Understanding the Tucker decomposition, and compressing tensorvalued data (with R code)
In many applications, data naturally form an nway tensor with n > 2, rather than a “tidy” table. As mentioned in the beginning of my last blog post, a tensor is essentially a multidimensional array:
 a tensor of order one is a vector, which simply is a column of numbers,
 a tensor of order two is a matrix, which is basically numbers arranged in a rectangle,
 a tensor of order three looks like numbers arranged in rectangular box (or a cube, if all modes have the same dimension),
 an nth order (or nway) tensor looks like numbers arranged in an nhyperrectangle… you get the idea…

Understanding the CANDECOMP/PARAFAC Tensor Decomposition, aka CP; with R code
A tensor is essentially a multidimensional array:
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A comprehensive Linux command cheat sheet
I think that it doesn’t matter what operating system you use — as long as you know your OS of choice well!:bowtie: This is a Linux command cheat sheet covering a wide range of topics. I cannot guarantee that the information is fully uptodate or even correct. Use at own risk :stuck_out_tongue:. It is intended primarily as a reference for myself in the future. I have learned most of the material covered below a couple of years ago in the LinuxFoundationX’s Introduction to Linux course offered through edx.org.
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Contours of statistical penalty functions as GIF images
Many statistical modeling problems reduce to a minimization problem of the general form:
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Tired of doing real math 2  grad school and coffee consumption
Lately I notice a sharp increase in my coffee consumption (reading Howard Schultz’s Starbucks book, which is actually quite good by the way, does not help either :grimacing:). Having recently transitioned into a new PhD program I started wondering whether my increased coffee consumption has something to do with my higher stress levels in the last few weeks, and how that conjecture generalizes to the rest of my grad school experience. To answer that question I decided to take a look at how much money I have spent at coffee houses over the last few years. …Also, I’m right now overcaffeinated at 1:40am and I have nothing better to do anyway. :smile:
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Visualization of MRI data in R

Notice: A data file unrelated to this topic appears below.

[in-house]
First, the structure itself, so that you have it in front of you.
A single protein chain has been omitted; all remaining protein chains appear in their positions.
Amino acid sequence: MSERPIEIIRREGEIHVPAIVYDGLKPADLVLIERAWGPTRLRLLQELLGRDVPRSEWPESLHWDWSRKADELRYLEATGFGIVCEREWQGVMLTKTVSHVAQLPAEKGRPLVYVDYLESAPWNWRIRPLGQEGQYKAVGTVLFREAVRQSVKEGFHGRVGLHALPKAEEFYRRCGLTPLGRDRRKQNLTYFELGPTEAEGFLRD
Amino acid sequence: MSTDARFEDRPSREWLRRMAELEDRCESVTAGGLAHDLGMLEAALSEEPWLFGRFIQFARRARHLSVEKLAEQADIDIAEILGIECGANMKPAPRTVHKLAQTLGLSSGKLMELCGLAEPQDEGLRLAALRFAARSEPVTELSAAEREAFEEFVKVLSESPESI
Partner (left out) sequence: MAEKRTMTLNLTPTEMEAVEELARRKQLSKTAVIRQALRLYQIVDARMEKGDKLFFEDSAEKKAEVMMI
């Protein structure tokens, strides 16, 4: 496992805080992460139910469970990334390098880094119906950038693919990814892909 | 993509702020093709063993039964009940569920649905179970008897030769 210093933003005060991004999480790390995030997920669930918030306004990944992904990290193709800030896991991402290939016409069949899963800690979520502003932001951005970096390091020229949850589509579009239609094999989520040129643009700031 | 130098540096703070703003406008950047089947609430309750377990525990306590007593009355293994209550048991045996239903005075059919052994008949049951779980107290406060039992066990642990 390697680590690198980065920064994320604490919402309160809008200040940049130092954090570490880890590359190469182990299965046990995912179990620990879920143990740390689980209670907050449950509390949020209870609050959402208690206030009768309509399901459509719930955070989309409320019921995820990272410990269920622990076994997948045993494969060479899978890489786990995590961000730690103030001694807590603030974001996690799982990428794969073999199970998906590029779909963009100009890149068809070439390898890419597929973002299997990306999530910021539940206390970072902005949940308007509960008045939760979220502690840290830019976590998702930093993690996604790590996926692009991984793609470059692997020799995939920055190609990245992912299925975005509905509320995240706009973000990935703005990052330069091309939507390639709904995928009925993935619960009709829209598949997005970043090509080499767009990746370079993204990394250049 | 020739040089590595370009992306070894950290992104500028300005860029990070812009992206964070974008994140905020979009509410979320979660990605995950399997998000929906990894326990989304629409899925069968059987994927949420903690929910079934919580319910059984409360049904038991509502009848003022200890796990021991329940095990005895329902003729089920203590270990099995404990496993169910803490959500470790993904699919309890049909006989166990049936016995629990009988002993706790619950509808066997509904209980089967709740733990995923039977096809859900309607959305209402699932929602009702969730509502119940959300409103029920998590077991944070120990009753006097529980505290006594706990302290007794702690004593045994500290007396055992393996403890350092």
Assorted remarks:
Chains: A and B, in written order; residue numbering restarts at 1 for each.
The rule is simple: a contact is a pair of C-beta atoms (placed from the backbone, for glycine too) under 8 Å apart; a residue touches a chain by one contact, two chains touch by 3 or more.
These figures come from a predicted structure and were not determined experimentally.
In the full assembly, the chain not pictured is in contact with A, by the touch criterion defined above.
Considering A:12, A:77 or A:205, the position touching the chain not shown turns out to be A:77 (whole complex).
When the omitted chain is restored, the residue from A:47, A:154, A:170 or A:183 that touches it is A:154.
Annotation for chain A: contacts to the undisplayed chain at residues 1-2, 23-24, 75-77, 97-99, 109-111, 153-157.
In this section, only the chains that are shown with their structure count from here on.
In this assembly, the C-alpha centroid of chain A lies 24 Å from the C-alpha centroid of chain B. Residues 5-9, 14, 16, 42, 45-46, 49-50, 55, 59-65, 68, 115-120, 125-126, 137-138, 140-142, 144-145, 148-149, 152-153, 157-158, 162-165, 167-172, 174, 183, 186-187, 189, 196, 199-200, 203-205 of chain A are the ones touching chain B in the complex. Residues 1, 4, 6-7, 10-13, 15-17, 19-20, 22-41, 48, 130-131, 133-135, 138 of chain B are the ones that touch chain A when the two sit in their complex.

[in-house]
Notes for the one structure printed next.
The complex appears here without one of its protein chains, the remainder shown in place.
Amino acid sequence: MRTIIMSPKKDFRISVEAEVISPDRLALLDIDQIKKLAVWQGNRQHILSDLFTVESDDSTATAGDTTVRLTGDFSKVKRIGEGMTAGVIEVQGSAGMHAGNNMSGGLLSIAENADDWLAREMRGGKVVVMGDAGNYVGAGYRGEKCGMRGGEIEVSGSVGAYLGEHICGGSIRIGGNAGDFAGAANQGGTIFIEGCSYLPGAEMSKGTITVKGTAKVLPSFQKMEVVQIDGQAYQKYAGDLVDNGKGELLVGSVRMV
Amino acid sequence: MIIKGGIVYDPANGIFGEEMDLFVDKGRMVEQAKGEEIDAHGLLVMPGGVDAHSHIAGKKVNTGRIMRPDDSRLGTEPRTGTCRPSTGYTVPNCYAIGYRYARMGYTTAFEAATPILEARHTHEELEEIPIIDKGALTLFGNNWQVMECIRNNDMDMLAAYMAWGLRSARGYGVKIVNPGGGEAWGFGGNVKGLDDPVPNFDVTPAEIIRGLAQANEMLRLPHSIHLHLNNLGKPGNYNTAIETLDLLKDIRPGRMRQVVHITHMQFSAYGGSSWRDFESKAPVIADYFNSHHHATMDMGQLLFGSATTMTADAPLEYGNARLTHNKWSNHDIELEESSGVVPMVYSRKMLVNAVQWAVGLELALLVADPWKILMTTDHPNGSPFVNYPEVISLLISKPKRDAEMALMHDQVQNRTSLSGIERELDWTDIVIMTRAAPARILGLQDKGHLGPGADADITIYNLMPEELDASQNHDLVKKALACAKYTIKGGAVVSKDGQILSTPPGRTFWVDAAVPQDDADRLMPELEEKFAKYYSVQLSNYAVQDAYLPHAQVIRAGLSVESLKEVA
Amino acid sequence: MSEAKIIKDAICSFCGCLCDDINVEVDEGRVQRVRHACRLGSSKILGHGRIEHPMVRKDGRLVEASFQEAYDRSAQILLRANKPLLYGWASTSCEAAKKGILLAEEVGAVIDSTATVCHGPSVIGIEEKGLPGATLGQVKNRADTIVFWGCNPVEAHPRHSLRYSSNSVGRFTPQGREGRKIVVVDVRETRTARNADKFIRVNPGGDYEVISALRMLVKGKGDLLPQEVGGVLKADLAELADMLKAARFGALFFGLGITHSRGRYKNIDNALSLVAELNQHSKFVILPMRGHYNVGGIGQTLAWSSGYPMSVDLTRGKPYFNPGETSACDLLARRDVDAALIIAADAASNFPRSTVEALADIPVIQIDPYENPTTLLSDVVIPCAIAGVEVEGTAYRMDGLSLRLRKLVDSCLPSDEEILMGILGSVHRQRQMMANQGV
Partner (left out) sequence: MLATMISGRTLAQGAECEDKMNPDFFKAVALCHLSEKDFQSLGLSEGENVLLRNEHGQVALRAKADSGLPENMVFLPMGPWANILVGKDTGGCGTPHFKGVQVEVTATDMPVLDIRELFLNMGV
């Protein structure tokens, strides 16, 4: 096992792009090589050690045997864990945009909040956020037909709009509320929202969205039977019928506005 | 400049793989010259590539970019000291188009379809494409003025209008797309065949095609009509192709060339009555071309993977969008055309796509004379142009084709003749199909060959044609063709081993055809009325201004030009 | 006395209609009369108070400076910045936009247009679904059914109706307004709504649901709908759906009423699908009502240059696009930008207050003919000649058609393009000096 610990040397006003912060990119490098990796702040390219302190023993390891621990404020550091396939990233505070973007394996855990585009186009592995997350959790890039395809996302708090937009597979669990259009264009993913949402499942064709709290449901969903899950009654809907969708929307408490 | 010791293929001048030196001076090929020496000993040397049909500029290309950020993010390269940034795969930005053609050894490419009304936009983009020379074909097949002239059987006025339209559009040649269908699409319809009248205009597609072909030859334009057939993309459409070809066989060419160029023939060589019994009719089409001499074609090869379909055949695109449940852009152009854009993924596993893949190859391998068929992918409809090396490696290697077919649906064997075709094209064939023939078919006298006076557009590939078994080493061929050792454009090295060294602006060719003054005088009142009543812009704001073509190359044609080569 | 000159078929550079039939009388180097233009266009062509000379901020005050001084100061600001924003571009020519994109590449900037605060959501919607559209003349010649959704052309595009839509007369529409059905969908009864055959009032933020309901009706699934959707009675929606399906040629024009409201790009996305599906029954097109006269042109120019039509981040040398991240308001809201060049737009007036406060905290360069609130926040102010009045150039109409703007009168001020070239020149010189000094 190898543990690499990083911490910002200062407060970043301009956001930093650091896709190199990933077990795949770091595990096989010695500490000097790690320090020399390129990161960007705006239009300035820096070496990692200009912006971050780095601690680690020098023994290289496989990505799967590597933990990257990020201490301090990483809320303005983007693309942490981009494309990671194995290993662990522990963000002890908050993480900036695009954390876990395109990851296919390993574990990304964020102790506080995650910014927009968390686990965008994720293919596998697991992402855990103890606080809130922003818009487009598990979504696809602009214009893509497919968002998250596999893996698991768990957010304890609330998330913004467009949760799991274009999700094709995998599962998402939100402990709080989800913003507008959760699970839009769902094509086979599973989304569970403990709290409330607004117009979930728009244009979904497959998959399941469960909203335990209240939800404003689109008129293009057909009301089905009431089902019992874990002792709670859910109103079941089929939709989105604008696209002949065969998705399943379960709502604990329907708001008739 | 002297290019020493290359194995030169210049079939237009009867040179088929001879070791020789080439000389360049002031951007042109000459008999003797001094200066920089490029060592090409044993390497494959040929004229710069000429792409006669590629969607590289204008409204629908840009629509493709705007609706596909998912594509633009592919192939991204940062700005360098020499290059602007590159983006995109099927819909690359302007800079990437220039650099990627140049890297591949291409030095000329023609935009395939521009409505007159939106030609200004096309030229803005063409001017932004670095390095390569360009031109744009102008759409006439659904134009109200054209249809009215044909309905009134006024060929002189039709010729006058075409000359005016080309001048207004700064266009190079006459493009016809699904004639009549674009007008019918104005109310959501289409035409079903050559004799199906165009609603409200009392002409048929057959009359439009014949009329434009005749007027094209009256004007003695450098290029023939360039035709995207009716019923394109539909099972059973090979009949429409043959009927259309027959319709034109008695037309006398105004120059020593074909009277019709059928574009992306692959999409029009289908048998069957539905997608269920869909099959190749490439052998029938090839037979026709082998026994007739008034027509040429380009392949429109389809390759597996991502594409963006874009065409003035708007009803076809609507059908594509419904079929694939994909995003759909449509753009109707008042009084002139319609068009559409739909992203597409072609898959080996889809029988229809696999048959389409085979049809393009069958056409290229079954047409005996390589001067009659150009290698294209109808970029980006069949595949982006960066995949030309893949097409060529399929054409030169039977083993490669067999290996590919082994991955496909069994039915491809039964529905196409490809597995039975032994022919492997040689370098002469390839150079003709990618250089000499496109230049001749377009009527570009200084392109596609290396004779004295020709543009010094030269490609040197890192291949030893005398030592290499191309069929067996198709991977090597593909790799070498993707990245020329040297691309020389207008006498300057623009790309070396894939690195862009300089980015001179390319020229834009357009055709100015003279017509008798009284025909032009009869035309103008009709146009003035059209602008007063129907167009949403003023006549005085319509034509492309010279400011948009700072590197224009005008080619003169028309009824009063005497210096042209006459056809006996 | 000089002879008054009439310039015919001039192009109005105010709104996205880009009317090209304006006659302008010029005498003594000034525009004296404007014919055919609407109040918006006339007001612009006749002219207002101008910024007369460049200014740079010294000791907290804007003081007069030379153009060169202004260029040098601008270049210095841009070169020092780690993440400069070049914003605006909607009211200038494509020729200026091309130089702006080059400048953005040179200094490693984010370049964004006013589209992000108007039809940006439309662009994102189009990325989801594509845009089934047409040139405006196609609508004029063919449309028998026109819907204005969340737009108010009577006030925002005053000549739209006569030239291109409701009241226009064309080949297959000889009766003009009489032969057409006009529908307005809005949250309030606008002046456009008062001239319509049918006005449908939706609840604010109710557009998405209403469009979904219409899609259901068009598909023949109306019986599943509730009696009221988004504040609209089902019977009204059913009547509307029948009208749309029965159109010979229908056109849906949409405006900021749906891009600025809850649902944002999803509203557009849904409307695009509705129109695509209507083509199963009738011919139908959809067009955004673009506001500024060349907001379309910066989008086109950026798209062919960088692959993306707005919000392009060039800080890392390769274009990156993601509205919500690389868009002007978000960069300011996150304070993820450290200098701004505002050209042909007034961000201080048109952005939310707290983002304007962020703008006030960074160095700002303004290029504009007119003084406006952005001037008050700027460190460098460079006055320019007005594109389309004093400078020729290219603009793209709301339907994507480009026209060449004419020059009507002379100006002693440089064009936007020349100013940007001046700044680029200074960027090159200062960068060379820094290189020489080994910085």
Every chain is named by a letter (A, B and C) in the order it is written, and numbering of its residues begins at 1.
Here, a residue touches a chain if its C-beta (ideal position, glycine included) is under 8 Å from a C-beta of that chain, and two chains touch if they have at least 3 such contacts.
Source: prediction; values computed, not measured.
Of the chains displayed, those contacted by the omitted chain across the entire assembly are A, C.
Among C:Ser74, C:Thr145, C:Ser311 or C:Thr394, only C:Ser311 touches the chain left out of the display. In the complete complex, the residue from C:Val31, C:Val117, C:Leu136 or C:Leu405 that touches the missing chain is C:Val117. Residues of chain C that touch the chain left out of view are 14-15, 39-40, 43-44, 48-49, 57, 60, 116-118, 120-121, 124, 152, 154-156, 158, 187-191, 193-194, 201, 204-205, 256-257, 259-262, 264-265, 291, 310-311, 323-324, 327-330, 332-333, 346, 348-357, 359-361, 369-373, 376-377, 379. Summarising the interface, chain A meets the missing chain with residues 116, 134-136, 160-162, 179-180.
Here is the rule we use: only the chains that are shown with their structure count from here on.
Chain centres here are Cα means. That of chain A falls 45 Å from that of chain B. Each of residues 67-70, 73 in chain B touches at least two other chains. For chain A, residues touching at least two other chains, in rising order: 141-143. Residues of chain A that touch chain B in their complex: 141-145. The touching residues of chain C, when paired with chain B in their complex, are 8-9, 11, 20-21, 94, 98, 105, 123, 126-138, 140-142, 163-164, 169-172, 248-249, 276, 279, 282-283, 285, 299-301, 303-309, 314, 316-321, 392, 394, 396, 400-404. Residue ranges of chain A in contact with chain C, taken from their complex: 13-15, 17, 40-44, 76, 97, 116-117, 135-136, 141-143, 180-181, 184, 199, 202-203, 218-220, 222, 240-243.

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Turn an old laptop into a home server with remote access over VPN
This weekend I have set up an old laptop with a broken screen as an Amahi server in my house, such that I can access the files stored on the server with my other computers from anywhere.^{1} I use OpenVPN to establish a connection to the server and its files. As an additional benefit, connecting over a VPN when on a public network secures the traffic to and from you.

Initially I got the idea for a home server after an email from Dropbox informed me that my promotional 48 GB of storage space expire in a month. Instead of paying one of the numerous cloud storage providers, I decided to host an ownCloud at home (after some guides online made it sound easier than it actually is…). Unfortunately, ownCloud on an Amahi server turned out to be quite disappointing. I found ownCloud to lack some functionality and to be very inconvenient in certain ways, and it possibly poses a security risk when accessible from outside the local network. So, I eventually got rid of ownCloud, and retreated to storing my files directly on the server in file shares. ↩


Tired of doing real math 1  some visualizations of Hillary Clinton and Donald Trump tweets
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Generalized inverse of a symmetric matrix
I have always found the common definition of the generalized inverse of a matrix quite unsatisfactory, because it is usually defined by a mere property, \(A A^{} A = A\), which does not really give intuition on when such a matrix exists or on how it can be constructed, etc… But recently, I came across a much more satisfactory definition for the case of symmetric (or more general, normal) matrices. :smiley:
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Logistic regression with categorical data in Ruby
I had some fun analysing the shelter animal data from kaggle using the Ruby gems
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for data wrangling andstatsampleglm
for model fitting. In this blog post, I want to demonstrate that data wrangling and statistical modeling is not an area of absolute predominance of Python and R, but that it is possible in Ruby too (though, currently to a much lesser extent).
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